Wolves in good health thanks to injury record
There are many things that spring to mind when discussing what's made the season so far a success for Wolves.
A solid defence (only five teams have conceded fewer), the goals (seven) and assists (six) of Raul Jimenez. some midfield sorcery from Joao Moutinho and Ruben Neves and of course the consistently sage management of Nuno Espirito Santo would all be worthy examples.
But an impressive lack of injuries should also be high on the list.
Wolves currently have a clean bill of health – only the suspended Willy Boly missed out against Leicester on Saturday – and it's been a key factor behind their adaption to Premier League life.
This isn't the only time during 2018/19 they've had no injuries on their book. Compare that with Newcastle, who currently have 10 players in the treatment room, or West Ham who have nine.
Freelance injury data analyst Ben Dinnery (@BenDinnery) highlighted just how good Wolves' lack of injuries compares to the rest of the Premier League with this table...
Just three seasons ago, in 2015/16, Wolves' injury woes were nothing short of horrendous. They suffered three cruciate knee ligament injuries – and 10 players missed at least a month or longer through injury absences.
This season that number is just one, namely Ivan Cavaleiro who began the campaign with a troublesome back problem.
Even when Jonny Castro Otto was sidelined for up to six weeks with a knee injury picked up on international duty, he returned inside a month (Diogo Jota, with separate hamstring and quad problems, makes up the rest of Wolves' injury total).
And that's no coincidence.
Wolves have invested time and money in overhauling their methods when it comes to conditioning, strength, fitness and, yes, injury prevention.
We saw last season how that investment – and new ideas from Nuno's backroom team – paid instant dividends in terms of Wolves' injury record, which hardly affected them during a gruelling 46-game campaign.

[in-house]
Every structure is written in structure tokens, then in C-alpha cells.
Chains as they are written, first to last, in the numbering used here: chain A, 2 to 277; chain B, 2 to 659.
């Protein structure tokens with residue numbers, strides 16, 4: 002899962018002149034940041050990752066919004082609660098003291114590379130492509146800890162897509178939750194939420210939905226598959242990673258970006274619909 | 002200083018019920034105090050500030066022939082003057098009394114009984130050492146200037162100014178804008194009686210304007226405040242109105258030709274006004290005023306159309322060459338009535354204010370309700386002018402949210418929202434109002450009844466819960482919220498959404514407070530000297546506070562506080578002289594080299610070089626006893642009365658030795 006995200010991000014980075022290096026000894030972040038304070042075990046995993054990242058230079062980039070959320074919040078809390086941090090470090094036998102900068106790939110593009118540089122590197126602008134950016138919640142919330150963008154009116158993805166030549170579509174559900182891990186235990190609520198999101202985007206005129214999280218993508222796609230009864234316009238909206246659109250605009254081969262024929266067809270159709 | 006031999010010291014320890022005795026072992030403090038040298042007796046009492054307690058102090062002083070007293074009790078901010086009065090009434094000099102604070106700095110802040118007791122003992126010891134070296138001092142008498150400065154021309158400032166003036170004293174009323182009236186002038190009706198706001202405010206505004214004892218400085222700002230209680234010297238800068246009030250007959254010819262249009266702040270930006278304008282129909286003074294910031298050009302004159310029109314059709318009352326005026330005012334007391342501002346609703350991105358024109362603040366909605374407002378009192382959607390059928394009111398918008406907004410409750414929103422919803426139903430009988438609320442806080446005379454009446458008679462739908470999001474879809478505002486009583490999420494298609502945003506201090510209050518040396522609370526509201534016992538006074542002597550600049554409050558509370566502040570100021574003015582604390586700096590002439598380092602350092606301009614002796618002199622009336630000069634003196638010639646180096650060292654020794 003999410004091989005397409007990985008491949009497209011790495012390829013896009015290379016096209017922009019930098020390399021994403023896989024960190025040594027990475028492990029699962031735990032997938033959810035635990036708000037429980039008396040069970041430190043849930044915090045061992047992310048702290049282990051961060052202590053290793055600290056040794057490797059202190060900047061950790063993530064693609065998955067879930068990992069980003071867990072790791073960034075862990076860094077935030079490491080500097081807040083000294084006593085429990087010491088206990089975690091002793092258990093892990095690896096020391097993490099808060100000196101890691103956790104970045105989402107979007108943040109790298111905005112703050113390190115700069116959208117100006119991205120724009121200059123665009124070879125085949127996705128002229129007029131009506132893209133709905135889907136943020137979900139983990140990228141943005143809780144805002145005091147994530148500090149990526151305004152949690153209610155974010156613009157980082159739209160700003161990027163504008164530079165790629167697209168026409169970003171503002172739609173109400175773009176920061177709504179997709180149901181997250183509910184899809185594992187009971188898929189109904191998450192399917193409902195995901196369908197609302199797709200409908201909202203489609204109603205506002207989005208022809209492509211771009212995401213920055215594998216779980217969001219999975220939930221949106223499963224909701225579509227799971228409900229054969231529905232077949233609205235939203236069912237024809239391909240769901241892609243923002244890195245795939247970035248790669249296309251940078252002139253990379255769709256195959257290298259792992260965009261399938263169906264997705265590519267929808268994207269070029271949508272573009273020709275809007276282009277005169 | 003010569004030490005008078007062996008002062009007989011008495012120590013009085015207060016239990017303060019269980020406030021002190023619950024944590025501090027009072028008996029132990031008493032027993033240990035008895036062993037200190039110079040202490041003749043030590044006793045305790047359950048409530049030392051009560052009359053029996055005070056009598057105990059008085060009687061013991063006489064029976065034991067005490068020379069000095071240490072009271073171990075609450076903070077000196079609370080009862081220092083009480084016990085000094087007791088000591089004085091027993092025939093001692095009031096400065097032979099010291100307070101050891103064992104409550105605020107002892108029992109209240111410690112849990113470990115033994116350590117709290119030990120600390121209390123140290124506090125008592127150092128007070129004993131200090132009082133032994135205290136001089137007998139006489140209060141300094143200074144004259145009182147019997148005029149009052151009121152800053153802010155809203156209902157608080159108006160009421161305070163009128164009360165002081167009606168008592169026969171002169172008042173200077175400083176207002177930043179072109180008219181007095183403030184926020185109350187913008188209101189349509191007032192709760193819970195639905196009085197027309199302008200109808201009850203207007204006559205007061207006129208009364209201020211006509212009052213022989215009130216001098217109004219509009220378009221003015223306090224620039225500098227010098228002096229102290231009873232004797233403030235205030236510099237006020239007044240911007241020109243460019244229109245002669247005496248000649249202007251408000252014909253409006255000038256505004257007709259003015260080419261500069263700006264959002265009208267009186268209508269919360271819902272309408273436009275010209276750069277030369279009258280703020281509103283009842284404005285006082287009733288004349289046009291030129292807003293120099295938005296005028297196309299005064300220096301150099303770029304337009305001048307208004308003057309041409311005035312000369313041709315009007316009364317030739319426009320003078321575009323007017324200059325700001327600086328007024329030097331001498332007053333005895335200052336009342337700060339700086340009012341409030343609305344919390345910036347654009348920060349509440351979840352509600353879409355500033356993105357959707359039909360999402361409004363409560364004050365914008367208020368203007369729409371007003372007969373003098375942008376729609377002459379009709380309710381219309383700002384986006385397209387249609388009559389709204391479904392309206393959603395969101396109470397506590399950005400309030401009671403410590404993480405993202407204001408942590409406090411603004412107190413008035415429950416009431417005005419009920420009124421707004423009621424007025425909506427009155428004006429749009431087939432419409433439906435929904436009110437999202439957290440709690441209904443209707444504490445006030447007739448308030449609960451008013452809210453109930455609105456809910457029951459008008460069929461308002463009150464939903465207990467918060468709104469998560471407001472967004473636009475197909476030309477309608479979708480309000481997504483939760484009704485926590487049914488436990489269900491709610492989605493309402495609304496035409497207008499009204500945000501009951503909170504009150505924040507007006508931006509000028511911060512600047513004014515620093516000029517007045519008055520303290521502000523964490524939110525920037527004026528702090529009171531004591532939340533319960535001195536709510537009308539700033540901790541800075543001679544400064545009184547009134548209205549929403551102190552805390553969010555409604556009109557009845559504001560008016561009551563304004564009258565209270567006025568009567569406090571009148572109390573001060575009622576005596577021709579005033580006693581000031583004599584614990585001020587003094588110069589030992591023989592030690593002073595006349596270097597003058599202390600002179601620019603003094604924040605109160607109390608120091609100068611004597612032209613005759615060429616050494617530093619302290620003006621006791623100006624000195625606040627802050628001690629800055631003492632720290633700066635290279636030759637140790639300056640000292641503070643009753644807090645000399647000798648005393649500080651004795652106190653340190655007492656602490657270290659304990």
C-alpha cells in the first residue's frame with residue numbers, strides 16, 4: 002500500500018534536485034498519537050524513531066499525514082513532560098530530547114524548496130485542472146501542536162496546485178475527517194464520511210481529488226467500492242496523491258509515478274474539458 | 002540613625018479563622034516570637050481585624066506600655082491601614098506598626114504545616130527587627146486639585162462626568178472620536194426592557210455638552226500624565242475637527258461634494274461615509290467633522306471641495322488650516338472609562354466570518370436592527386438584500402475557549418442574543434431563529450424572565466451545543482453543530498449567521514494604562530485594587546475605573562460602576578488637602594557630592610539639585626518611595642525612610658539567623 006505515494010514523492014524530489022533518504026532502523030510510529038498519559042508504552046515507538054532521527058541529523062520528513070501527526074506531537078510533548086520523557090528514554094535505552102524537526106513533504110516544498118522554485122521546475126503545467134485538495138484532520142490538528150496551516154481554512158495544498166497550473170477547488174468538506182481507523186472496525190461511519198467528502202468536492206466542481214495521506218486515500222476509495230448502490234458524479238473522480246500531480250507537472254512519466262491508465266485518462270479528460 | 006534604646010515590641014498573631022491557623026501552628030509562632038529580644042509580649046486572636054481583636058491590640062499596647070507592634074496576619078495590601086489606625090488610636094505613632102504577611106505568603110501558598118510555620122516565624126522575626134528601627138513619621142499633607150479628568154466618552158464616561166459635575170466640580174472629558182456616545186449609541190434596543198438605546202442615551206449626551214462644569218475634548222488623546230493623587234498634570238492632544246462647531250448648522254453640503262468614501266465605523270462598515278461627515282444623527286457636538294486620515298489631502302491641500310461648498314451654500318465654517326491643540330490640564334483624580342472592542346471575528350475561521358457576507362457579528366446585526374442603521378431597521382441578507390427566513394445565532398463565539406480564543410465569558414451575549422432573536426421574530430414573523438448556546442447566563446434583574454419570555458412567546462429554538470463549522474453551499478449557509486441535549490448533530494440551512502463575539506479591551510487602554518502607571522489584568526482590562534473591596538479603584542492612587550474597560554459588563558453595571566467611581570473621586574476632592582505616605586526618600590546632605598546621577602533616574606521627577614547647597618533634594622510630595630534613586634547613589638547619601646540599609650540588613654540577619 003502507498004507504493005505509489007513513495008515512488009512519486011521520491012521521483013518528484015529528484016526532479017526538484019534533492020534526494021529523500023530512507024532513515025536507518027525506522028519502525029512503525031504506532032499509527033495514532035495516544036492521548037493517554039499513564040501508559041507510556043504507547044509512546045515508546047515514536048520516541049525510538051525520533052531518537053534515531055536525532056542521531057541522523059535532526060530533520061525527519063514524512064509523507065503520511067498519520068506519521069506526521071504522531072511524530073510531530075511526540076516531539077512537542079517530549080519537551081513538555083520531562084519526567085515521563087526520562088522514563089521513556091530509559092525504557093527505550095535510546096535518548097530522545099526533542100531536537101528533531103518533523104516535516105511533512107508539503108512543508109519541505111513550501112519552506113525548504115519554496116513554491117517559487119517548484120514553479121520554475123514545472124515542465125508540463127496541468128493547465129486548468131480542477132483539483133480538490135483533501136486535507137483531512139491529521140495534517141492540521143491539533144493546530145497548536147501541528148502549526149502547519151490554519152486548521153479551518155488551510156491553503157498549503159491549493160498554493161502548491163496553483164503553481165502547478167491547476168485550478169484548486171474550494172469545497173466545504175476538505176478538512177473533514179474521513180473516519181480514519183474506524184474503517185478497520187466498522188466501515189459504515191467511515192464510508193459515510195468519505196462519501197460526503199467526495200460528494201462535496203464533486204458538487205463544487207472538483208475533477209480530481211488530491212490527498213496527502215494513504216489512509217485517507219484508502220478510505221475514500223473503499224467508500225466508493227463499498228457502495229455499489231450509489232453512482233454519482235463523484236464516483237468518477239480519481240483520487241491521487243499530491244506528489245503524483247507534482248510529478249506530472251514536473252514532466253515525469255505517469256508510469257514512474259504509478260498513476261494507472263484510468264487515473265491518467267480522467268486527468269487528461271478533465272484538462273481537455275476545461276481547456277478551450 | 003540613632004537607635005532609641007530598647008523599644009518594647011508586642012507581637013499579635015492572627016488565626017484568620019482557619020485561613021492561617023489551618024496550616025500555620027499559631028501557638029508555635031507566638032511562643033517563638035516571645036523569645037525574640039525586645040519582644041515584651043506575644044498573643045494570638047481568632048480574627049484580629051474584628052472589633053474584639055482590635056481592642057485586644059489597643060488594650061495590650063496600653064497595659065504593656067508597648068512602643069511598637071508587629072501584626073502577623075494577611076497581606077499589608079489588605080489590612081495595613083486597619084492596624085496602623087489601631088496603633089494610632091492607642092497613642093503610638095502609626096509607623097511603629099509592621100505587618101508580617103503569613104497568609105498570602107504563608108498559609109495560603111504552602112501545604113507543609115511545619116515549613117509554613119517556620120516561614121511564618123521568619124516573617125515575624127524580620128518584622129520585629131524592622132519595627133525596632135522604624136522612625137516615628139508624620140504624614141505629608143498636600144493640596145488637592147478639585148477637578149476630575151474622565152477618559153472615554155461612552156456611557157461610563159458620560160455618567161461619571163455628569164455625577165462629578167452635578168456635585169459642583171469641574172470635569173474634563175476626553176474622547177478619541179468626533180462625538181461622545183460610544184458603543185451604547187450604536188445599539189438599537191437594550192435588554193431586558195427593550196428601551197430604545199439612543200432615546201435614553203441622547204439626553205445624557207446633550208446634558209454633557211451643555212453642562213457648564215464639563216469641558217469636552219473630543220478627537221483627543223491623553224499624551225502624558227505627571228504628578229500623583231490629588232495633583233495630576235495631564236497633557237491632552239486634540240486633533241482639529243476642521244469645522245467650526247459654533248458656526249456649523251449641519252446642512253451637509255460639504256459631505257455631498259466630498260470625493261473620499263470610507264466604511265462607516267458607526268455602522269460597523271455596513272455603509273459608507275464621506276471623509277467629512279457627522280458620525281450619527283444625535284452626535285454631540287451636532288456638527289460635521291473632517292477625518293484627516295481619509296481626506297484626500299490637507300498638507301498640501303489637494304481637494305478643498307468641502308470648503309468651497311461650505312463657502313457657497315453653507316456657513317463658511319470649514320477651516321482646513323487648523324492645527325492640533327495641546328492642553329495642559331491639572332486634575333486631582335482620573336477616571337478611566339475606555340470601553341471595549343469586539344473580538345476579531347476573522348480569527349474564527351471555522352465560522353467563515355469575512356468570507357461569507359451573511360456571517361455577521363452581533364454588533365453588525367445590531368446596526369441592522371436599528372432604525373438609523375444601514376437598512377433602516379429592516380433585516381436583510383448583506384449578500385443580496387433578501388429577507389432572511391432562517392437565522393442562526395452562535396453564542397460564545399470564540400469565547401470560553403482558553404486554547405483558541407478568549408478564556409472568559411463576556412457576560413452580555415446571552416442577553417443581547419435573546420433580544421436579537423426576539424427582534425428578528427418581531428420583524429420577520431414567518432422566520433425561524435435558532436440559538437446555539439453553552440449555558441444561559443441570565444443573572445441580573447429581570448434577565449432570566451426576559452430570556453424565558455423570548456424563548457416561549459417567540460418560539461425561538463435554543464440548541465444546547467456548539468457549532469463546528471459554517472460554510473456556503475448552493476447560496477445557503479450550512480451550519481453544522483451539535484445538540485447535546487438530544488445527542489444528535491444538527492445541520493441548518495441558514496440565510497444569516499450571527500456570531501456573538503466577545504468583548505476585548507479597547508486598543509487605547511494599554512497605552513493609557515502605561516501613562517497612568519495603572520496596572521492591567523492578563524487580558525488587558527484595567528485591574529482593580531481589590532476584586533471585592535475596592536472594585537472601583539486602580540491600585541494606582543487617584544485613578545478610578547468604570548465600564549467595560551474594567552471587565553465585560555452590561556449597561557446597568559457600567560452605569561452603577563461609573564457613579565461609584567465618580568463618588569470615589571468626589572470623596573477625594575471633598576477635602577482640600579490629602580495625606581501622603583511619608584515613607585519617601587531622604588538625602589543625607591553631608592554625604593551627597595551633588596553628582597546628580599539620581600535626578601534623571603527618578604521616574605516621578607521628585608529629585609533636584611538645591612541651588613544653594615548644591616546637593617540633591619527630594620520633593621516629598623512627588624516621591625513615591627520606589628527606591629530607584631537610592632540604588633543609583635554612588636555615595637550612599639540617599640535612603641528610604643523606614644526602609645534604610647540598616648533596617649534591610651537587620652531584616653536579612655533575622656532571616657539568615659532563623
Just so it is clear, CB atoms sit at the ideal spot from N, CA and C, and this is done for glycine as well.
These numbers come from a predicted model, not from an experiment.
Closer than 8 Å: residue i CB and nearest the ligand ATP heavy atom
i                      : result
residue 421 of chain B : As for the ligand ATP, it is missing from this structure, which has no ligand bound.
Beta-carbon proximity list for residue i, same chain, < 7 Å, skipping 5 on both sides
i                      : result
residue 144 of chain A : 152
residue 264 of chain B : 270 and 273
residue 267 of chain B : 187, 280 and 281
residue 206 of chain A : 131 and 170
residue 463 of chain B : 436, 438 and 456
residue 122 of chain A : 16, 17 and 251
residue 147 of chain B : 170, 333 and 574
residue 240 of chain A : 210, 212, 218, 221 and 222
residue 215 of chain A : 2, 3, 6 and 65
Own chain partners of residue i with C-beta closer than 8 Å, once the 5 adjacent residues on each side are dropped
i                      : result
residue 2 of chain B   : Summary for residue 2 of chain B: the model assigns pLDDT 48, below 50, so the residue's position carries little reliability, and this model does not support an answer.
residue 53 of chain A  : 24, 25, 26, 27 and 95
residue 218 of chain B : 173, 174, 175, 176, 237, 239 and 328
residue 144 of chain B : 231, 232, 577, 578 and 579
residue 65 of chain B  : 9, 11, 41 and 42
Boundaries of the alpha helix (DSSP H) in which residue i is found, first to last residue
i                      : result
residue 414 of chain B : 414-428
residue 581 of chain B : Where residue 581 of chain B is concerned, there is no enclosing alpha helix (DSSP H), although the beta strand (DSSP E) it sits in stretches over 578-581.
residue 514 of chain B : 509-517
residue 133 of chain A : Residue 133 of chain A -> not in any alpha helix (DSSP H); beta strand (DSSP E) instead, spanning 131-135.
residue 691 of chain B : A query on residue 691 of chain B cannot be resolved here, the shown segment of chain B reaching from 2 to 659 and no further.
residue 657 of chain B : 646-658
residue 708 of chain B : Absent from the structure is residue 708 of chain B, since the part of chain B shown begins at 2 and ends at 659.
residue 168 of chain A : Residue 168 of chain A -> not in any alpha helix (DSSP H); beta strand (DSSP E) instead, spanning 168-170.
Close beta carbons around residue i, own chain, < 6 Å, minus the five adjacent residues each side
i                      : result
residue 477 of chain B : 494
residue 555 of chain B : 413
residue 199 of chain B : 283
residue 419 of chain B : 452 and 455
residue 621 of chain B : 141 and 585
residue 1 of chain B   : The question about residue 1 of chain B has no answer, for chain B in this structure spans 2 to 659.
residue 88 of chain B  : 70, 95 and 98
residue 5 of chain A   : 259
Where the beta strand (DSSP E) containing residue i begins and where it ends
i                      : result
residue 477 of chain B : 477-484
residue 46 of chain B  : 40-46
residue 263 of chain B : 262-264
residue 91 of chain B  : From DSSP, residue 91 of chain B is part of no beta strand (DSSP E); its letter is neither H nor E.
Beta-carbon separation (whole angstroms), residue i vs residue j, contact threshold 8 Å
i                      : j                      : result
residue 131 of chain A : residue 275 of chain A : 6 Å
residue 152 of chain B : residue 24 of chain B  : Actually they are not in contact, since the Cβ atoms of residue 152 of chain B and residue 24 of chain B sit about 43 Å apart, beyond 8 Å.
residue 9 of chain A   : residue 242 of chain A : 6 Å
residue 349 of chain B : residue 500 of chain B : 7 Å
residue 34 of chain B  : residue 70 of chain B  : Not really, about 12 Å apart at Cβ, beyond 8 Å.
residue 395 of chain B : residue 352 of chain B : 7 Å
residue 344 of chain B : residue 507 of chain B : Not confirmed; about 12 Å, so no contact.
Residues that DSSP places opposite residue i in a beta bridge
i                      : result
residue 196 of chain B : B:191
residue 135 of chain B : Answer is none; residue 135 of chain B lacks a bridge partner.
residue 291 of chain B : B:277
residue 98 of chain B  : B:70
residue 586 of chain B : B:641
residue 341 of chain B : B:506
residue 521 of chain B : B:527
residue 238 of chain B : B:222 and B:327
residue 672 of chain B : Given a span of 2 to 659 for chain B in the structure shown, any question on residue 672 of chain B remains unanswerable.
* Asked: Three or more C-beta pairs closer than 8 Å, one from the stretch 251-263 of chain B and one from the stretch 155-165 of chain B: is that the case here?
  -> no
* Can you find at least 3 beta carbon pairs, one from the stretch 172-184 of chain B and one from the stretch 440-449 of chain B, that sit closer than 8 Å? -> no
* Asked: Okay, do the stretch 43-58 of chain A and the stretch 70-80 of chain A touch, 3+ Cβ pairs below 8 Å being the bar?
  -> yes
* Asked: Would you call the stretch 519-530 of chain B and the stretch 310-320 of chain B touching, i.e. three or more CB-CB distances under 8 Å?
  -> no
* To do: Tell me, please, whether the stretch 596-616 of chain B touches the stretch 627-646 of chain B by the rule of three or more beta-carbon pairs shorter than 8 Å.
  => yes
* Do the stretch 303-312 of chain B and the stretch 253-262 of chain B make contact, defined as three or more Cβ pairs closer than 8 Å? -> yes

Head of medical Phil Hayward, now in his 11th season at the club, explained in a recent interview with BBC Radio that it's very much a team effort alongside the sport science department.
Of injury prevention, he revealed that the work kicks off at the very start of the summer.
"It starts at the beginning of pre-season," he said
"We’ll do a full screen of all the players alongside the sports science guys and we’ll get a really clear picture of how each player moves and what happens at each of their different joints.
"We’ll assess their biomechanics and then according to that we’ll have an idea in terms of areas which may be more exposed to potential injuries.
"We’ll then put a programme in place to try and prevent those injuries.
"Each day they’ll have a particular focus for that, to make sure that any things that have been identified during that screen process are addressed, so that those parts of the body are optimised for performance."
Expertise and experience from the likes of Hayward and club doc, Dr Matthew Perry, has been married with Nuno's trusted backroom team – and the results have been outstanding.
Fitness and conditioning coach Antonio Dias said: "It’s been fantastic, because for Nuno as a coach it’s always been of massive importance, the medical department and the way we work together in terms of injury prevention or keeping the players healthy.
"To come here and get people that were completely open to engage with what we thought, open to share and discuss and go for a combined approach, from day one they have been buying in to what we’ve brought."
Everything seems to be covered, from eye-related performance to daily urine samples to check for dehydration (which are then followed by individualised drinks based on sodium and sweat-rate tests in pre-season to top up the right levels).
And it's all done at the ever-ramped Compton Park, where the facilities are second to none.
Strength and conditioning coach Rich Kirby says it's the small percentages that can make a big impact when it comes to Saturday afternoon.
"In the performance suite is where we get data analysis for the lads, their hydration scores mainly," he said.
"We're checking if they’re fuelling their body adequately for the training sessions and the demands for the week ahead.
"We're also looking at the nutrition and supplementation side, looking at allowing their bodies to be in the best physical condition through what they eat and what they put into their bodies to ensure the vision Nuno and Antonio have for the lads physically, they can achieve.
"We analyse urine samples every morning and feed back to the players whether their scores are adequate or they need to improve.
"Then we supply them with individualised drinks based on sodium and sweat-rate testing that’s done in pre-season.
"A lot of research suggests dehydration in particular can give not just mental discrepancies in terms of their performance but also physical fatigue and power outputs are decreased as well.
"In a sport like football having small discrepancies can have big impacts on the pitch."
With Wolves having a small first-team squad by Premier League levels (they may have no injuries but Boly’s absence on Saturday meant untried under-23 youngster Ryan Giles was on the bench), keeping injuries to a minimum for the rest of the season is vital.
Indeed, it may be just as important as a big January signing.